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Finding Value in Alternative Feed Ingredients

by 5m Editor
5 July 2005, at 12:00am

By Ruurd Zijlstra and Ken Engele, and published by the Prairie Swine Center - Mustard meal might be a valuable ingredient for the swine industry domestically and internationally. In some export markets, concerns exist regarding the voluntary feed intake of pigs fed mustard instead of canola meal in their diets.

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Mustard Meal

This study will therefore compare two diets with either mustard meal or canola meal in the diet at a 15% inclusion rate, which is an inclusion rate that should allow to assess if the feed intake concerns are indeed valid, or not and if growth performance differences exist.

A diet containing 15% canola meal was formulated based on 48% corn, 17% soybean meal and 15% wheat was formulated to 3.45 Mcal DE/kg and 2.60 g apparent digestible lysine/Mcal DE. Replacing canola meal 1:1 with mustard meal created a diet containing 15% mustard meal. The pelleted diets were each fed for 28 days to grower pigs housed 5 pigs per pen.

The standard chemical characteristics of mustard meal and canola meal are listed in Table 1. For each of the four weeks of the experiment, voluntary or average daily feed intake of the grower pigs increased gradually, and differences in voluntary feed intake were not observed between pigs fed mustard meal or canola meal (Table 2).

For the first three weeks of the experiment, average daily gain and feed efficiency did not differ statistically between pigs fed mustard meal or canola meal (P > 0.10). However, pigs fed mustard meal grew 17% more and had a 6-% unit higher feed efficiency during the last week of the experiment (P < 0.05), resulting in an overall tendency for pigs fed mustard meal to grow faster than pigs fed canola meal.

Table 1. Analyzed nutrient content of mustard and canola meal
Nutrient, % as Fed
Mustard Meal
Canola Meal
Moisture
7.2
9.9
Ash
7.3
7.0
Crude Protein
42.4
39.0
Acid Detergent Fibre
11.4
17.0
Nuetral Detergent Fibre
18.8
27.8
Crude Fibre
7.7
11.4
Crude Fat
1.4
2.5
Average Daily Feed Intake (g/d)
day 1-7
1,744
1,780
day 8-14
1,892
1,937
day 15-21
1,960
1,979
day 22-28
2,163
2,129
Total day 1-28
1,940
1,956
Average Daily Gain (g/d)
day 1-7
981
1,001
day 8-14
861
872
day 15-21
947
889
day 22-28
964a
825b
Total day 1-28
939A
897B
Feed Efficiency (%)
day 1-7
55.9
56.3
day 8-14
45.4
44.9
day 15-21
48.4
45.4
day 22-28
44.6a
38.8b
Total day 1-28
48.5a
46.0b
ab, means differred (P<0.05); AB, means differed (P<0.10)

The Bottom Line

Pigs fed mustard meal tended to have a 5% better growth performance and had a 2.5%-unit better feed efficiency and an equal feed intake than pigs fed canola meal. Mustard meal might thus be a good opportunity ingredient with minimally a nutritional value equal as canola meal.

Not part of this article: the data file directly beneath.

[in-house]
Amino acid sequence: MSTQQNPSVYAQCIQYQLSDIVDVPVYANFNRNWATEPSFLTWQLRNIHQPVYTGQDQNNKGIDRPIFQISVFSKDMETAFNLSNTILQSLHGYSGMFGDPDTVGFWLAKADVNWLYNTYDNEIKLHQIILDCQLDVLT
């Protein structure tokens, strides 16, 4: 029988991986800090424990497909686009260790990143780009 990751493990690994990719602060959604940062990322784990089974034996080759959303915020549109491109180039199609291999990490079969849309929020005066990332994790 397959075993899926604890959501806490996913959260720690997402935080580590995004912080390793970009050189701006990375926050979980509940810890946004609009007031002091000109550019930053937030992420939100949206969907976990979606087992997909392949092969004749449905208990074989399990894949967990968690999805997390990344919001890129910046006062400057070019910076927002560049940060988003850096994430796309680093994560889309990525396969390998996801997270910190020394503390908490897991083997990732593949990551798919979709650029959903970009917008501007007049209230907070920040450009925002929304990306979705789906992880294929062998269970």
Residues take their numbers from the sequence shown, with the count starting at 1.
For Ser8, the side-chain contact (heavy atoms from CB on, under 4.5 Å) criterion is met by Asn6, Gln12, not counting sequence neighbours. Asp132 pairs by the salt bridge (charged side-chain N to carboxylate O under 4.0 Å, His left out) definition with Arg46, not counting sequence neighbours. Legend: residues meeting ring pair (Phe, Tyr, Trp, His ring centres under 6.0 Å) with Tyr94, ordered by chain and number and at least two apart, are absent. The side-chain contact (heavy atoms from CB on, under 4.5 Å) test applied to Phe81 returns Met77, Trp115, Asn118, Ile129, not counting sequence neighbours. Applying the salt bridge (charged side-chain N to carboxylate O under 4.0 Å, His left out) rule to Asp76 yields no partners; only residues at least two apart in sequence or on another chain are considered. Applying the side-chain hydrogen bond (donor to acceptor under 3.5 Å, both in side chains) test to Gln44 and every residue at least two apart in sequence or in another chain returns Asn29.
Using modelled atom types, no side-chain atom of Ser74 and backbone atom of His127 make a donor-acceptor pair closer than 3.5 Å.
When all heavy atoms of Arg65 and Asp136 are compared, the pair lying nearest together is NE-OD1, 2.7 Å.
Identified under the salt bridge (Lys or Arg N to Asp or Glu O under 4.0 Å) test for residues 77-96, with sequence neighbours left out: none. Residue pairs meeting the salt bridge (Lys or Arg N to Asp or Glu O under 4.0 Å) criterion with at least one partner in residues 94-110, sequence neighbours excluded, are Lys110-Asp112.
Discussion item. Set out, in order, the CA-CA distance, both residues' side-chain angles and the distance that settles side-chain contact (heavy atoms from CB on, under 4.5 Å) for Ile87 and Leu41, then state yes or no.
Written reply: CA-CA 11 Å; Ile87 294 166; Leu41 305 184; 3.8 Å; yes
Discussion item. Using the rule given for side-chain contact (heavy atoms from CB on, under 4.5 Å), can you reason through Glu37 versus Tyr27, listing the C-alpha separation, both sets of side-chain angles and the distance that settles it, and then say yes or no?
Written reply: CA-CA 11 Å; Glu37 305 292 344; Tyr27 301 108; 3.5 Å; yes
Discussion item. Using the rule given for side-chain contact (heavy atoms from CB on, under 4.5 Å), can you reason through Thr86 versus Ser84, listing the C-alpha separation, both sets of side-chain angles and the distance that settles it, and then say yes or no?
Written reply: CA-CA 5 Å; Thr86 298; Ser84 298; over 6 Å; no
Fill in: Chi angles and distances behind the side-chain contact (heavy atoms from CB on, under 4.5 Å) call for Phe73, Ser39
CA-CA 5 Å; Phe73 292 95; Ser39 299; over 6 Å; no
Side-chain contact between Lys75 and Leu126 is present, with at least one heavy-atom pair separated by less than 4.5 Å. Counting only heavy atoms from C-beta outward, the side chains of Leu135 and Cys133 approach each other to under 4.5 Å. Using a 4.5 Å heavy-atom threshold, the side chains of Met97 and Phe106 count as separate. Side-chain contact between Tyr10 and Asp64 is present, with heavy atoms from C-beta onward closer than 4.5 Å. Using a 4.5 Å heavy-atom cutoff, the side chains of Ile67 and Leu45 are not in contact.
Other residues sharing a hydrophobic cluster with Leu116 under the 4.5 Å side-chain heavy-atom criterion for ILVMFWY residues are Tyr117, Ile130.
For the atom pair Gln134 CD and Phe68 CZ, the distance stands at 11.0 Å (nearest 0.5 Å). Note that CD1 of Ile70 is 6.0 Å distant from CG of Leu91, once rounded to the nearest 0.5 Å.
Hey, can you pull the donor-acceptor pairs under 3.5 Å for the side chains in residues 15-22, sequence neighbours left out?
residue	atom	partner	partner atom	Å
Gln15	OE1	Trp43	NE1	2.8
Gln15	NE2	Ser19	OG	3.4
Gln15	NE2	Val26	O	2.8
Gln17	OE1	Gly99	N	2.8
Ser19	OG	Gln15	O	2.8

Faba Beans

Faba bean (Vicia faba minor) production is not new to western Canada. Research was completed in the early 1970’s; however, tannin and other anti-nutritional factors limited the use faba beans in swine diets. Presently, zero-tannin faba bean varieties are available. The general purpose of this project was to remove barriers, which were preventing increased production and use of zero-tannin faba beans in Alberta, especially in the Parkland and Peace regions.

Analysis of the nutrient content of zero-tannin faba beans and a subsequent performance study confirming equal performance were thus needed. Objectives were (1) to determine chemical characteristics, energy and amino acid (AA) digestibility, the content of DE and NE, and tannin content of zero-tannin faba beans; and (2) to compare growth performance variables and carcass quality of grower-finisher pigs fed zero-tannin faba beans to soybean meal.

One sample of zero-tannin faba beans was collected in Alberta.

Exp. 1. Digestibility Study

Energy and amino acid digestibility was tested using cannulated 60-kg barrows. Energy digestibility was tested in a diet containing 96% faba beans. Amino acid digestibility was tested in a diet containing 62% faba beans and 35% corn starch. Diets were fed at 3 x maintenance. Faeces were collected for 2-d followed by 2-d collection of ileal digesta. Standardized AA, DE and NE contents were determined.

Exp. 2. Performance Study

100 grower-finisher pigs in 20 pens had free access to either a soybean meal or faba bean-based diet regime from 30 –115 kg. Diets were formulated to equal NE and SID (Grower (30-60 kg), 2.40/3.95; Finisher I (60-90 kg), gilts 2.38/3.15, barrows 2.38/2.76; Finisher II (90-115 kg), gilts 2.38/2.92, barrows 2.35/2.55; Mcal kg-1 NE/g SID lysine Mcal-1 NE, respectively), with up to 30% faba beans. Pigs were weighed, feed intake was measured, and carcass measurements were obtained.

The chemical characteristics (Table 1) and energy (Table 2) and AA (Table 3) profiles suggest that zero-tannin faba beans have a desirable nutrient content (slightly better than peas; NRC 1998). Overall, ADG (Figure 1) and ADFI (data not shown) did not differ between zero-tannin faba beans or soybean meal (P > 0.10) suggesting that faba bean inclusion up to 30% might be possible without reducing ADG. The higher ADG for barrows during the Grower phase and higher lean depth for gilts fed soybean meal compared to zero-tannin faba beans (Figure 2) suggest that the available energy content needs further investigation.

The Bottom Line

The chemical characteristics, energy and amino acid (AA) digestibility, the content of DE and NE, and tannin content of zero-tannin faba beans were determined and indicate, together with the subsequent growth performance variables and carcass quality of grower-finisher pigs, that zero-tannin faba beans can replace soybean meal and result in similar performance in grower-finisher pigs.






Source: Prairie Swine Centre - June 2005